Etymology, with an “eagle” eye

Maybe in some parallel universe it wasn’t the Philadelphia Eagles who won Super Bowl LII. No, not the New England Patriots but the Philadelphia Ernes. For erne was the usual word for “eagle” in Old English, and in my hypothetical Twilight Zone, French and Latin didn’t sack Anglo-Saxon like so many blitzing linebackers.

eagle-2657888_1920.jpg
Etymologically, the Philadelphia Eagles main team color isn’t midnight green. It’s “dark brown” or “black.” (Pixabay)

Continue reading “Etymology, with an “eagle” eye”

Why do we call them “falcons”?

The falcon probably takes its name from the “sickle” shape of its beak, talons, or wings.

This Sunday, the Atlanta Falcons will take on the New England Patriots in Super Bowl LI in Houston, Texas. I’ve previously taken on the etymology of patriot, which ultimately derives from the Greek word for “father” and, curiously, didn’t always carry a positive connotation in English. But what the origin of the word falcon?

hawk-1882885_1280.jpg
Ready for flight…or to reap some grain? Image courtesy of pixabay.com.

A bird, or sickle, in the hand…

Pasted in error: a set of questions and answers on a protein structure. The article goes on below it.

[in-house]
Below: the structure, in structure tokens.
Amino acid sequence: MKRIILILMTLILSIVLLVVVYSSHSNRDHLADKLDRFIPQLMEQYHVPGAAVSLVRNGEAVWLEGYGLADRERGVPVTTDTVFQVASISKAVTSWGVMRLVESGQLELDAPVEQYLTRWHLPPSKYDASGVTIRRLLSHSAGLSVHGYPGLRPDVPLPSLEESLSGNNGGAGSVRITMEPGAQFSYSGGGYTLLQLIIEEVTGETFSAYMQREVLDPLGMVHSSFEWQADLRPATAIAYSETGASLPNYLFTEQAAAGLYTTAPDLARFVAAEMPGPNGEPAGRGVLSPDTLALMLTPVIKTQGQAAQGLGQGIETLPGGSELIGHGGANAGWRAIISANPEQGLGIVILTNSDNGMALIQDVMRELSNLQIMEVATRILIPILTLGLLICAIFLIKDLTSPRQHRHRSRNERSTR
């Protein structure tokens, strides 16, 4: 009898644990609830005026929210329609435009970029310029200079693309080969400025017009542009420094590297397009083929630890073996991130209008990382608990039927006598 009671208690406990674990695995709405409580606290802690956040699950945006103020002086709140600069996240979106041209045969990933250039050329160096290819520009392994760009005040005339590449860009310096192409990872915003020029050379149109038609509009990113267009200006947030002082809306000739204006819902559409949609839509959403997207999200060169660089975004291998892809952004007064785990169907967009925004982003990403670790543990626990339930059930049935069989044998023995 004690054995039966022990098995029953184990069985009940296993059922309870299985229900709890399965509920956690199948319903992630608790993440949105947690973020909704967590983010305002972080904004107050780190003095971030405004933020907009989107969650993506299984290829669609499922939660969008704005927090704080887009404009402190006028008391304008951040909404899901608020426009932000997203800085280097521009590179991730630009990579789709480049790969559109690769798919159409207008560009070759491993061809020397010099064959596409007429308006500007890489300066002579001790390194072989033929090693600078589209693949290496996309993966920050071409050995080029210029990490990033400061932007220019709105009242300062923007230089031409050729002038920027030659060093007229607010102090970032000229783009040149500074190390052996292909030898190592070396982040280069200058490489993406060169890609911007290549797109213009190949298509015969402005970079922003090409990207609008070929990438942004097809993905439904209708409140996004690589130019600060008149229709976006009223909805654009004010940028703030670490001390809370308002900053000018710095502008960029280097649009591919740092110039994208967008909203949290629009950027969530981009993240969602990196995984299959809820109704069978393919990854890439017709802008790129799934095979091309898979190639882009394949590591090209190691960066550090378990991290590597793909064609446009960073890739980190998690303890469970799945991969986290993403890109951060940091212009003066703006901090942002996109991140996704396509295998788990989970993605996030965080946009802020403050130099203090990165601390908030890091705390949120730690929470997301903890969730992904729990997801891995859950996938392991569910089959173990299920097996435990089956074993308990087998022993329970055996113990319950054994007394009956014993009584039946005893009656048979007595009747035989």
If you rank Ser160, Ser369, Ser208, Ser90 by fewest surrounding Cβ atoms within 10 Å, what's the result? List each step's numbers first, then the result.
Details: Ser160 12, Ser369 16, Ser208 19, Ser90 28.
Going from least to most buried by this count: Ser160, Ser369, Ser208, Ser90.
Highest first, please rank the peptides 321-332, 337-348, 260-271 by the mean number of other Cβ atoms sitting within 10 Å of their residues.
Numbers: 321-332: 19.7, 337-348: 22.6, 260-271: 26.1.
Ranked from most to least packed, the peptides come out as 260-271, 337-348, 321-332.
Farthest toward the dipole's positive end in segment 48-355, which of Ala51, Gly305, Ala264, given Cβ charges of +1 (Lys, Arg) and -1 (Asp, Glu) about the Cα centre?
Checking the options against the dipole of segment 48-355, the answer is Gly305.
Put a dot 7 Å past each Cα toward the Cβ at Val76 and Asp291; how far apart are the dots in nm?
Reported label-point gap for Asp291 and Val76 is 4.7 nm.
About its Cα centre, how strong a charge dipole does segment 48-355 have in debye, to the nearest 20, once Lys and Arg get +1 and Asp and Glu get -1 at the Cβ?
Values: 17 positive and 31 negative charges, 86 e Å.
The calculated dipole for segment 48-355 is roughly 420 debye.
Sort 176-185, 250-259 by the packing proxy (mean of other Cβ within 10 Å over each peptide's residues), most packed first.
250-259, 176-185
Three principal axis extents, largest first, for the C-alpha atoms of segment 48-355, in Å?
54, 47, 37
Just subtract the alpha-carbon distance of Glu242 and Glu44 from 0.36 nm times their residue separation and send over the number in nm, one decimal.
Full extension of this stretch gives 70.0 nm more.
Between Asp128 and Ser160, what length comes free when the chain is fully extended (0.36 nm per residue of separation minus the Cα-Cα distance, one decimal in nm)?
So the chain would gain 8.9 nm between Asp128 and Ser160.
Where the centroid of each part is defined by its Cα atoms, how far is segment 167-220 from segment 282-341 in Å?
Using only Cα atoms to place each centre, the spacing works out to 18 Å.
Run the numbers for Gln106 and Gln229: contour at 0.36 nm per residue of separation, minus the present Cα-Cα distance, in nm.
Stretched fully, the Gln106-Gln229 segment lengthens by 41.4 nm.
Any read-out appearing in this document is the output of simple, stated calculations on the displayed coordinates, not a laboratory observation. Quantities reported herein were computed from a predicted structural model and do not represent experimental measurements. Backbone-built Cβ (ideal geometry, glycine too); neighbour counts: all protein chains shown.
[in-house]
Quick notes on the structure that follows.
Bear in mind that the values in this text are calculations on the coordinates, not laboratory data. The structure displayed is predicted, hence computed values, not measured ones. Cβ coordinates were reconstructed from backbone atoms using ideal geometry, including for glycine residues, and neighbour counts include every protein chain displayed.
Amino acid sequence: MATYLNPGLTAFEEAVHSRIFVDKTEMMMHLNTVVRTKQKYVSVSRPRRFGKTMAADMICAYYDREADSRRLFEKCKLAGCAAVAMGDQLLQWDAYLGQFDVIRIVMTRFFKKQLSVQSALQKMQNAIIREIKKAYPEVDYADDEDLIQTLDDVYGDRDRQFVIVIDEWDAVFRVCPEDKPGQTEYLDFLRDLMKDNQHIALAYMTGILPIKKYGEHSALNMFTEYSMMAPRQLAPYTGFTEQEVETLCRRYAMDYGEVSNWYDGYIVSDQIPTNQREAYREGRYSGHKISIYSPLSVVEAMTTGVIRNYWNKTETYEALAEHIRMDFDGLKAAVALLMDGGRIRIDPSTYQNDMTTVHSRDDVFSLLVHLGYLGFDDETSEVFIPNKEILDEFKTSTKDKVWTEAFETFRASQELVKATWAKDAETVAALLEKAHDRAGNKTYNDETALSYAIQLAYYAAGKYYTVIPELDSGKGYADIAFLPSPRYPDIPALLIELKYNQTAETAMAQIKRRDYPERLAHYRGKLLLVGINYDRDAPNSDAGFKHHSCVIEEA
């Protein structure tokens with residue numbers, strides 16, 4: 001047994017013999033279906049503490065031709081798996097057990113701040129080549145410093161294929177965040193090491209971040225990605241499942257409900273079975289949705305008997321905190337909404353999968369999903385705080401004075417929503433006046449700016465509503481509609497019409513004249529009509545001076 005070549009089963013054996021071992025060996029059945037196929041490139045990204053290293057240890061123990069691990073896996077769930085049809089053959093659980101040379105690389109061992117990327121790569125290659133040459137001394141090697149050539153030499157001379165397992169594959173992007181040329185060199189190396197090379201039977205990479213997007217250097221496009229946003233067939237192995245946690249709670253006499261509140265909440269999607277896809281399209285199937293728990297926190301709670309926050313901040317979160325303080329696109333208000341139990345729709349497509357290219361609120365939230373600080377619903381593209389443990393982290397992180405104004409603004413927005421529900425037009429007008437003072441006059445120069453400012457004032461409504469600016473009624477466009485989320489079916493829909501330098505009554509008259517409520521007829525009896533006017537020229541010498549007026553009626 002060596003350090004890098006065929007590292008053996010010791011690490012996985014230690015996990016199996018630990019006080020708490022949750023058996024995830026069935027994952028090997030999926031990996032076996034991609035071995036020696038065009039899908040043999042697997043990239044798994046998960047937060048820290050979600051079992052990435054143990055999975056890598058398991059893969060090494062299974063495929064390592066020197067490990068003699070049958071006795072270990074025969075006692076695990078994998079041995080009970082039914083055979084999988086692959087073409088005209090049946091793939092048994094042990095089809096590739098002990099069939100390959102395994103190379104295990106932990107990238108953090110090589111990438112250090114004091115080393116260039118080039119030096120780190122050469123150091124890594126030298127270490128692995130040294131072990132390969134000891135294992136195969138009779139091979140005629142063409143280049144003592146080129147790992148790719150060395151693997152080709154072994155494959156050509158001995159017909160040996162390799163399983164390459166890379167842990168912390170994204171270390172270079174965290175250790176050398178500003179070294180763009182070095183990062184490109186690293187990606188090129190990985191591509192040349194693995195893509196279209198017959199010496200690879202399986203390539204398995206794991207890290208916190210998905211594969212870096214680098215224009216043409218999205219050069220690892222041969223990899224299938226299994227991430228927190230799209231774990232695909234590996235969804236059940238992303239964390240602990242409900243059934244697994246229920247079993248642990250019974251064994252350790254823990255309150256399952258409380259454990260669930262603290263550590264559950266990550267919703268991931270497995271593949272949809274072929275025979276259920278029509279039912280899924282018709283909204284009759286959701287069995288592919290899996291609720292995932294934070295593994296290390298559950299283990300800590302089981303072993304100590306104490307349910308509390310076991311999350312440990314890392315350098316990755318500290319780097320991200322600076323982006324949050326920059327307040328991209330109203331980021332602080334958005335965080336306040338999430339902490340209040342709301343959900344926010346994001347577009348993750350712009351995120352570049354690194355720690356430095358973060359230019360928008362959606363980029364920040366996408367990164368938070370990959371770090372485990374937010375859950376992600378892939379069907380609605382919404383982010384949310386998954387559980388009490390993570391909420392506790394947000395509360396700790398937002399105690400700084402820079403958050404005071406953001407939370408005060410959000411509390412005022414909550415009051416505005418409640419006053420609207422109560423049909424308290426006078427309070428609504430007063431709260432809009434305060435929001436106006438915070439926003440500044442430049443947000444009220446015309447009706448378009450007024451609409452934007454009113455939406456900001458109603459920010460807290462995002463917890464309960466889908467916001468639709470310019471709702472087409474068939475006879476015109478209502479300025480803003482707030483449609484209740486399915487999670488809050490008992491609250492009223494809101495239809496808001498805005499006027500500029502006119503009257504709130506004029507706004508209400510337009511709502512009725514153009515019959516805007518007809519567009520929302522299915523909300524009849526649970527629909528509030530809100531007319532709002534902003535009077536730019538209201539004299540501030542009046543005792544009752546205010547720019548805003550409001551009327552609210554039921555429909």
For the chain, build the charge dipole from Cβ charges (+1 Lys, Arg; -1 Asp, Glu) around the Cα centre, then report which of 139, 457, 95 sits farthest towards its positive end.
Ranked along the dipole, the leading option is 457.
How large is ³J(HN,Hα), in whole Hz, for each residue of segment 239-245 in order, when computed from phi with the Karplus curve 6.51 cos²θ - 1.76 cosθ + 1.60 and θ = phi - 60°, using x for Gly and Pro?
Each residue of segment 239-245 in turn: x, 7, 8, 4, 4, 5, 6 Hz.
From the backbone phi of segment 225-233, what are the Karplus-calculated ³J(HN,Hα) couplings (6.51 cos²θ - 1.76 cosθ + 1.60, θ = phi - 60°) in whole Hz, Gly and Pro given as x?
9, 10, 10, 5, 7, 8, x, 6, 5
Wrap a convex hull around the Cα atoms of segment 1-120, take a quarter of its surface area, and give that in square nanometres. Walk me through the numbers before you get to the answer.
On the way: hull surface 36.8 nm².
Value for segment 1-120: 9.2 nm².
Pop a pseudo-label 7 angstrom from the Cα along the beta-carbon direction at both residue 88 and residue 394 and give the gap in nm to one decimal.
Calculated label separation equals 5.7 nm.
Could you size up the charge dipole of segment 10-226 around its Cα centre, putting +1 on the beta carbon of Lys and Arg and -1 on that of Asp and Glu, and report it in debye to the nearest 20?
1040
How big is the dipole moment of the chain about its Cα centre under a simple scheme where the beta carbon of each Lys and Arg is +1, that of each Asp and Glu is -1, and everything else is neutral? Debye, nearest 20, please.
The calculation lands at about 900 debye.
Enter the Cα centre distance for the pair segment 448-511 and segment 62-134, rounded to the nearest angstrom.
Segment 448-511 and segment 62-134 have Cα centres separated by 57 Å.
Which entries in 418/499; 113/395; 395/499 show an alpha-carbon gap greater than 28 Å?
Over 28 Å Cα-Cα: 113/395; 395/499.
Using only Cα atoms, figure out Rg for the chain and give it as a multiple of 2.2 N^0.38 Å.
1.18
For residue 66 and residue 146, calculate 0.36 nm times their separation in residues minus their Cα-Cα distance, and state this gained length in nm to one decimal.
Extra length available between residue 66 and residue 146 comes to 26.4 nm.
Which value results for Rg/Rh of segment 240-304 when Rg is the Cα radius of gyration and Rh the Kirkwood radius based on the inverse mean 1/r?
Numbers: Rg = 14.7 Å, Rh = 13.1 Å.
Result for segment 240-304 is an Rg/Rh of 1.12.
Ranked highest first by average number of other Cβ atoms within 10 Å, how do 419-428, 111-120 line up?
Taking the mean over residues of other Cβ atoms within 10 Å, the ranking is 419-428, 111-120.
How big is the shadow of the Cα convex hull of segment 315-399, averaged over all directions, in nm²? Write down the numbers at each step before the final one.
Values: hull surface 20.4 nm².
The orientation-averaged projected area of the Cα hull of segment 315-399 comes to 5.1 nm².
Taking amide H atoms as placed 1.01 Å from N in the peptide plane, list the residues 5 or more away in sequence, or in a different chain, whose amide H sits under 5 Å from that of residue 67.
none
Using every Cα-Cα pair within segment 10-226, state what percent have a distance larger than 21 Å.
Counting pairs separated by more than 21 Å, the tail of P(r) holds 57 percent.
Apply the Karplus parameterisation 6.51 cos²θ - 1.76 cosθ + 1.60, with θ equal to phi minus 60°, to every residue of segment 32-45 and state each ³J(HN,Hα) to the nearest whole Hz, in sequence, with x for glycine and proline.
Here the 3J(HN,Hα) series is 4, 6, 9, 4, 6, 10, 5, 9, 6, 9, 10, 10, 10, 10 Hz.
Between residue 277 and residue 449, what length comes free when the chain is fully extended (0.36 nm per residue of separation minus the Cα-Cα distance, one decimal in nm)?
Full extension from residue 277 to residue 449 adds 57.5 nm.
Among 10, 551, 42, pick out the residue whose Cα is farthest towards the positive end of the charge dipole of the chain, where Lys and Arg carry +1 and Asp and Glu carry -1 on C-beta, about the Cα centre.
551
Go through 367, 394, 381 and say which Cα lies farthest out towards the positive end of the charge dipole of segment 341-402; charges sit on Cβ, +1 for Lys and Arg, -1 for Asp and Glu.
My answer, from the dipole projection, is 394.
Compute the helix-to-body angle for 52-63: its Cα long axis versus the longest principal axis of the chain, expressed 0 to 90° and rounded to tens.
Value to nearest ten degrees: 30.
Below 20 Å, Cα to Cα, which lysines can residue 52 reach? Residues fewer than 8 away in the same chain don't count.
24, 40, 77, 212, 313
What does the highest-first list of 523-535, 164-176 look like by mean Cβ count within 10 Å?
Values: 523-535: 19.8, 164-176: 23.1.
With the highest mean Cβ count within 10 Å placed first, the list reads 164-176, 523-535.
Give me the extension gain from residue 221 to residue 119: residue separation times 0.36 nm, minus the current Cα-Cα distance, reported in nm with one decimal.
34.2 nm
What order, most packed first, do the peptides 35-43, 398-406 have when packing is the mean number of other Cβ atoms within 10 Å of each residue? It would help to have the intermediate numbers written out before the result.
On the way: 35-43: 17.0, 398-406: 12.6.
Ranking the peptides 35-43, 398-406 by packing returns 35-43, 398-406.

Falcon stooped on English in the mid 1200s. The Oxford English Dictionary firsts falcon, as faukun, in The Owl and the Nightingale, dated to around 1250. In this poem, the titular birds sharply debate which of them is the superior avian. (The nightingale accuses the owl of laying an egg in a falcon’s nest, the medieval version of Deflategate, I suppose.) 

The English falcon swoops in from the Old French faucon, which flies from the Late Latin falcōnem, all referring to the bird of prey. The nominative, or subject case, form of falcōnem was falcō, presumably derived from falx, “a sickle.” The falcon’s beak, talons, or possibly the sharp curve of its outspread wings resemble this farming blade, apparently.

Falx also gives English falcate, “curved like a sickle,” falchion, a machete-like sword, and, speaking big names of the US South, the surname Faulkner (“falconer”).

sickle.jpg
The sickle is used for harvesting or reaping grain crops. Image courtesy of pixabay.com.

Continue reading “Why do we call them “falcons”?”